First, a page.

0
$\begingroup$

If I specify a metric tensor in terms of a choice of bases in the co-tangent space at a given point in a manifold, how much information does the metric tell me about the curvature tensor at that point? Can I calculate the curvature tensor entirely from the metric tensor?

$\endgroup$
  • 5
    $\begingroup$ At a single point? None at all. You need to know the metric in the "second order infinitesimal neighborhood" of a given point $x$ to be able to tell the curvature at $x$. $\endgroup$ – Bence Racskó Dec 27 '17 at 21:07
  • 1
    $\begingroup$ Or to put Uldreth's comment in different words, you need to know not just the metric but its second derivatives at that point. $\endgroup$ – Ben Crowell Dec 27 '17 at 21:13
  • $\begingroup$ I can still specify it as $g _{\mu\nu} (x)$ at a point in the manifold. The explicit $x$ dependence should contain information about the second order derivatives. $\endgroup$ – IanDsouza Dec 27 '17 at 21:43
  • $\begingroup$ @IanDsouza: If you're specifying it as a function of x, then you're not specifying it at a point, you're specifying it at all points. $\endgroup$ – Ben Crowell Dec 27 '17 at 22:53
  • $\begingroup$ @BenCrowell I guess expressing $g\mu\nu(x)$ might make sense at given point if you're considering infinitesimal neighborhoods (as you pointed out the second derivative might be important here). I'm a little weary of using the same function $g\mu\nu(x)$ over the entire manifold because $g\mu\nu(x)$ belongs to the (0,2) tensor space defined at some point, say $p_1$. At any other point, wouldn't you have to define a separate (0,2) tensor space at say point $p_2$ which won't be the same tensor space defined at $p_1$ though there might pull back maps that might take you from one space to the other $\endgroup$ – IanDsouza Dec 27 '17 at 23:52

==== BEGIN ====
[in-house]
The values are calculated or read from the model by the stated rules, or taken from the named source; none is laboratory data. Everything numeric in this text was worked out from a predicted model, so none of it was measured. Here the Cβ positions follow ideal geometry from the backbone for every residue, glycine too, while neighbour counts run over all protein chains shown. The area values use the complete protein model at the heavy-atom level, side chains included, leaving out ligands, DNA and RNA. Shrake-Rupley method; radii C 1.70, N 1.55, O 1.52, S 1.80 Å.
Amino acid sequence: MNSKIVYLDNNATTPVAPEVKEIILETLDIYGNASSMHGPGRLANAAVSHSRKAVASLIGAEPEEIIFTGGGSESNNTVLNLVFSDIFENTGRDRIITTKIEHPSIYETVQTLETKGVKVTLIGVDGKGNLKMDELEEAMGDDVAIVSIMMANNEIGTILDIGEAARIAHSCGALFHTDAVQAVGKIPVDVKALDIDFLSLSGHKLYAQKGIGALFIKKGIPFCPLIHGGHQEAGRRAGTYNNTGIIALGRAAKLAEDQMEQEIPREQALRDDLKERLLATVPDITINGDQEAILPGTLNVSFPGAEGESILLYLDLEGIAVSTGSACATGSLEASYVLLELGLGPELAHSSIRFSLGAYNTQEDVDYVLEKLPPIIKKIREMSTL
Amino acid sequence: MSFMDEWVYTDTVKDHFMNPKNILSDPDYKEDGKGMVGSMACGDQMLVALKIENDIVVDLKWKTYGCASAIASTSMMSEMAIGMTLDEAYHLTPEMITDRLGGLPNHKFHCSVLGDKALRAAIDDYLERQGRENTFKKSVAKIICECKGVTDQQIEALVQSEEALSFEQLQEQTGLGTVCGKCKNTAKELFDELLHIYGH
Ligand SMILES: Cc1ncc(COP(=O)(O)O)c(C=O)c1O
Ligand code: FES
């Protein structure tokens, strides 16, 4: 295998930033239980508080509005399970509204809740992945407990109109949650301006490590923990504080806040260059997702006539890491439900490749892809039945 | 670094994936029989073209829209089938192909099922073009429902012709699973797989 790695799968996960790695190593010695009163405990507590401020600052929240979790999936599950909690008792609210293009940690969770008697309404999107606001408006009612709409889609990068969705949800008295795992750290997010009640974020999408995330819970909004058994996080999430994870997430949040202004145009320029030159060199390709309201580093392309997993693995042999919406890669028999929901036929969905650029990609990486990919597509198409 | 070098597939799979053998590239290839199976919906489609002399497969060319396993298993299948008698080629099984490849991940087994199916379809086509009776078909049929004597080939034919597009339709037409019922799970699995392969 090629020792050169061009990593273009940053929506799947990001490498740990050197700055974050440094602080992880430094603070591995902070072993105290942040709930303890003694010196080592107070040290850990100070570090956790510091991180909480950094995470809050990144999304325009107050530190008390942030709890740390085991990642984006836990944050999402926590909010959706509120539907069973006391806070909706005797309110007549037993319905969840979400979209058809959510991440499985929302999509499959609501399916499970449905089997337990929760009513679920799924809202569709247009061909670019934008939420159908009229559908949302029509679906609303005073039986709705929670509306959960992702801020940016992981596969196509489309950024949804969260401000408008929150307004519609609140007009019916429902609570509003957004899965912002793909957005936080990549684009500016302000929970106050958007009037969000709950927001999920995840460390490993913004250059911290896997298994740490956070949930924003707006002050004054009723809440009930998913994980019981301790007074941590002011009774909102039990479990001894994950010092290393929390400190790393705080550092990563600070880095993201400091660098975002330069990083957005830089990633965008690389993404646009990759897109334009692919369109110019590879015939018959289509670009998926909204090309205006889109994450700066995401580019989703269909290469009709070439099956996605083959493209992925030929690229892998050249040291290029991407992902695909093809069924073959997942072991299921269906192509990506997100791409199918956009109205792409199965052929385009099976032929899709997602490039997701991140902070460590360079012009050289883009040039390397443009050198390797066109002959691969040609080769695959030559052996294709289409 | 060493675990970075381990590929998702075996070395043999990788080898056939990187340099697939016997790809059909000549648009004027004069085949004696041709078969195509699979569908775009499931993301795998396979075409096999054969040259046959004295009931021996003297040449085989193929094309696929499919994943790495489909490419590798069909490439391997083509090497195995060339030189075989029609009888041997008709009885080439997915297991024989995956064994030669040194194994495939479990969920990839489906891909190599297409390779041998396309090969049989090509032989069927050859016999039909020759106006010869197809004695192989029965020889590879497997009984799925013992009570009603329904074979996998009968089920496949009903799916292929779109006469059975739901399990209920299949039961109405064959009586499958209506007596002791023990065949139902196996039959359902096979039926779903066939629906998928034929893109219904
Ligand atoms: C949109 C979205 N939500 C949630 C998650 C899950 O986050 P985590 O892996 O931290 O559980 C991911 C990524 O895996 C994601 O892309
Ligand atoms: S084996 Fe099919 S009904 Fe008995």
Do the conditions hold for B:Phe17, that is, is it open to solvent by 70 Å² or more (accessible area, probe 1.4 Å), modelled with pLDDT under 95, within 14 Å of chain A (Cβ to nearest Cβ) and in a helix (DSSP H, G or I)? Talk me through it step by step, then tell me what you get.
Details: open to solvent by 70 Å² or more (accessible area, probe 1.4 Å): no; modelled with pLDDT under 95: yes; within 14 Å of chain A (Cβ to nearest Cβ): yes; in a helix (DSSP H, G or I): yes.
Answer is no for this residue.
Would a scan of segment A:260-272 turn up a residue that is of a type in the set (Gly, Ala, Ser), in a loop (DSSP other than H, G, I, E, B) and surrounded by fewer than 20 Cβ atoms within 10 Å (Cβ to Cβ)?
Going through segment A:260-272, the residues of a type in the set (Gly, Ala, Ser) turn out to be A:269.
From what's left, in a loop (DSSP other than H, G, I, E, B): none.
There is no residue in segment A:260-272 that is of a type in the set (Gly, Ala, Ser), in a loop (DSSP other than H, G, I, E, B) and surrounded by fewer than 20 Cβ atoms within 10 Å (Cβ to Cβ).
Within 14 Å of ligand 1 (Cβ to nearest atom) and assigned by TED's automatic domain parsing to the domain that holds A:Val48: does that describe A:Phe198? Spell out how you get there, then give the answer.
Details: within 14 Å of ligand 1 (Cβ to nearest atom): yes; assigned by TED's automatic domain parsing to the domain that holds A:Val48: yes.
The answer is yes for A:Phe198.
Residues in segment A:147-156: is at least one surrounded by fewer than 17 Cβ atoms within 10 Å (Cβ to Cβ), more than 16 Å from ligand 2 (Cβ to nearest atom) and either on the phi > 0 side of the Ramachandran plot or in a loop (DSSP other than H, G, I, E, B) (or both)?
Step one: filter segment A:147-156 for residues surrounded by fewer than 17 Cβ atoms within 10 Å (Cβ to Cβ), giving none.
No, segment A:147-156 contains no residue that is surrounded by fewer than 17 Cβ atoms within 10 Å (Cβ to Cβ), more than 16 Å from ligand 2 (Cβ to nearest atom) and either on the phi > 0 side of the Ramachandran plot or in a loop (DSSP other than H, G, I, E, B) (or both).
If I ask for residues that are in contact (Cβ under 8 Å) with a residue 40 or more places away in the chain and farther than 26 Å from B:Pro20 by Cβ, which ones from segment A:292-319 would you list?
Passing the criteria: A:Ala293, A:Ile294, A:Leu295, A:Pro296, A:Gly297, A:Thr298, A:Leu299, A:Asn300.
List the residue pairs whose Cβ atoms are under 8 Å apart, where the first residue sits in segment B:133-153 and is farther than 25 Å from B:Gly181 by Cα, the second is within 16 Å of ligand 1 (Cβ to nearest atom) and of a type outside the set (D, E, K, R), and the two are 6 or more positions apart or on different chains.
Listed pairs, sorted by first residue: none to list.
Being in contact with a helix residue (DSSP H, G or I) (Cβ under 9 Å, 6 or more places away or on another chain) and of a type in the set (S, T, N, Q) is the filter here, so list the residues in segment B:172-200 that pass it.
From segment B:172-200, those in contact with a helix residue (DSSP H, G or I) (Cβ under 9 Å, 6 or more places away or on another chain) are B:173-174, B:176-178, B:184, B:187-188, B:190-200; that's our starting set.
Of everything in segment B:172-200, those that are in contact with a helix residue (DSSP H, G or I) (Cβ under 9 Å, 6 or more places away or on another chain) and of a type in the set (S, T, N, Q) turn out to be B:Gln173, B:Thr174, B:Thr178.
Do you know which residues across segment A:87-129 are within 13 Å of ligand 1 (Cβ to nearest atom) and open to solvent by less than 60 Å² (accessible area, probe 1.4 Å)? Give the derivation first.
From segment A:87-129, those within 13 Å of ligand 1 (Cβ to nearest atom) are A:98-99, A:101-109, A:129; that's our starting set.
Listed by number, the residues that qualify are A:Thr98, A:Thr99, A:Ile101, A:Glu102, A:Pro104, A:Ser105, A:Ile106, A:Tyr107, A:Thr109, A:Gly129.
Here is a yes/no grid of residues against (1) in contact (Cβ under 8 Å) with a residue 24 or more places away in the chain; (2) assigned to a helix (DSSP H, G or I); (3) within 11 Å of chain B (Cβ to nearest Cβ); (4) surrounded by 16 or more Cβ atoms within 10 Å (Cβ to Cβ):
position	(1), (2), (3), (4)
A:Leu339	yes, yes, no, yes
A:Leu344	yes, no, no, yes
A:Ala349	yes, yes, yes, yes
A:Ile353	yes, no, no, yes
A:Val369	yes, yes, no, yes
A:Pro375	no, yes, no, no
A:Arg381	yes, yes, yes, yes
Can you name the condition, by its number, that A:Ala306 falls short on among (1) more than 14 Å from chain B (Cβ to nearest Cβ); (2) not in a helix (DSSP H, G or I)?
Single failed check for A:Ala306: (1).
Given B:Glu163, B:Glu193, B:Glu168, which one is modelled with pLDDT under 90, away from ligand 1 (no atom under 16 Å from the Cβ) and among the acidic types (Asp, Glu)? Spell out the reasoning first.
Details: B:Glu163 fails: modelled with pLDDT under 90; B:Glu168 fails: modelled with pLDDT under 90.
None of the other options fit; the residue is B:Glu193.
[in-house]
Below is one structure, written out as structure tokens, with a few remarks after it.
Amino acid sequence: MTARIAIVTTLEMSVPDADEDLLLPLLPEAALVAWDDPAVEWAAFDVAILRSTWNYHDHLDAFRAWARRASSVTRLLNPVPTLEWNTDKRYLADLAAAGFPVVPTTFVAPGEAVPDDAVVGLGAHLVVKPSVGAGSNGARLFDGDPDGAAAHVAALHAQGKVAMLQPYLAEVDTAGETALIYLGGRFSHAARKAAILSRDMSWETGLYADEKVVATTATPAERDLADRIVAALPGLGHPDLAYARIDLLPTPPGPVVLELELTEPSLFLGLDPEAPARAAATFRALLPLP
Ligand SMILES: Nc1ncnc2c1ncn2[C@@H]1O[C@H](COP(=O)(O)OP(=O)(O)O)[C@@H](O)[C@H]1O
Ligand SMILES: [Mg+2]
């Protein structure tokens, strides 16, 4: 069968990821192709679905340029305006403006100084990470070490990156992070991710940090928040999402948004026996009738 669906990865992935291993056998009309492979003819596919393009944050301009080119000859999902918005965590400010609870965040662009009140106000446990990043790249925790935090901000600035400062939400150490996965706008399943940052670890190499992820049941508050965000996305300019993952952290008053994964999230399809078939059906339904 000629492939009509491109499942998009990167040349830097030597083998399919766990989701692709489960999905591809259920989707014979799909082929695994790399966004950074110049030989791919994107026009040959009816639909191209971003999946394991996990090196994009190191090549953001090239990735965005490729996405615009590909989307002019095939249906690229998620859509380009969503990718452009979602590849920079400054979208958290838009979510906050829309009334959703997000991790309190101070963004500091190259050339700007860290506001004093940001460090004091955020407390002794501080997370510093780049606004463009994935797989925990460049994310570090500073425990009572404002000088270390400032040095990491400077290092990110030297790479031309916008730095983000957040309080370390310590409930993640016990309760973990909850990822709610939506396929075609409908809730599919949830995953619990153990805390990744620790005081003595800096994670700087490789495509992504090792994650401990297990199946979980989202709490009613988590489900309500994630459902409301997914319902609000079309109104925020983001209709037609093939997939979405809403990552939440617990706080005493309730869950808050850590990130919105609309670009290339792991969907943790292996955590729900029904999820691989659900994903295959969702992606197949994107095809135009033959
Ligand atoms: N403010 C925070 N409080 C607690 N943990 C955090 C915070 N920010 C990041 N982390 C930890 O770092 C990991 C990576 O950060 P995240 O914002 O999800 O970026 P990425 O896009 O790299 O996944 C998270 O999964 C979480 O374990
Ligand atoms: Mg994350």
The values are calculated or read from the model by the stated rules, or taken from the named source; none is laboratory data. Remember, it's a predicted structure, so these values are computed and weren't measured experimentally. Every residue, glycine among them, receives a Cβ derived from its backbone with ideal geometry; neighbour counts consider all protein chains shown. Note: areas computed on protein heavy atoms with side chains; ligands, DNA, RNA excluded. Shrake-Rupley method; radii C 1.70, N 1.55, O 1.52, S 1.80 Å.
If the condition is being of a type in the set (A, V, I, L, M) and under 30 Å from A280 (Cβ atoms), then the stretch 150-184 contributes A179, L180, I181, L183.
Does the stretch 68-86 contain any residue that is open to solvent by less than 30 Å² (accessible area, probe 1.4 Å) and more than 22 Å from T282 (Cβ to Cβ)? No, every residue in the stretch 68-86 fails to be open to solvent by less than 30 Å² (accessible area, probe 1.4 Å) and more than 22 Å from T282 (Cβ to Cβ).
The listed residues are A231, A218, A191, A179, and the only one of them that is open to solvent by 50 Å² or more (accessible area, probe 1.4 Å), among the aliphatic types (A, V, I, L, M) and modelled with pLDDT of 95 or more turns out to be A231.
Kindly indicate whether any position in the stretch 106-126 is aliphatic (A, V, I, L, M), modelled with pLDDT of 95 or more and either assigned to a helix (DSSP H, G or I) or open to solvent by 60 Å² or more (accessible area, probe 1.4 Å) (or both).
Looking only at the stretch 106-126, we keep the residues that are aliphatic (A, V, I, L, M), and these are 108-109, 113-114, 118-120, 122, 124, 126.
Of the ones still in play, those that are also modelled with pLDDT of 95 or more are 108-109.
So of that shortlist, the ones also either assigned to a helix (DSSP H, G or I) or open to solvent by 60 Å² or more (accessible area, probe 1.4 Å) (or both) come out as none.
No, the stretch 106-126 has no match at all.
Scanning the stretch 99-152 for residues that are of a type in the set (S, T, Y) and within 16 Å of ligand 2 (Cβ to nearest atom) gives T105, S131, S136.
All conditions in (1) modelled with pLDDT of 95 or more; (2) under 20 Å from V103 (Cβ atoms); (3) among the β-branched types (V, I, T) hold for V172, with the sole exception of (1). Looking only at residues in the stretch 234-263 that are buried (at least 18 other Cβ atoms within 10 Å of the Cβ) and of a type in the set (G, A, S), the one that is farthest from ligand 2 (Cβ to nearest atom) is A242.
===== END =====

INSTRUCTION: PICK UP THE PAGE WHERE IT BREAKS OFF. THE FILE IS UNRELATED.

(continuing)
0
$\begingroup$

Yes you can, but you need to know the metric up to the second derivative, so the metric in a neighb. of the manifold. You can do that for the Levi-Civita connection, since it is completely defined by the metric $g$.

$\endgroup$

Your Answer

By clicking “Post Your Answer”, you agree to our terms of service, privacy policy and cookie policy

Not the answer you're looking for? Browse other questions tagged or ask your own question.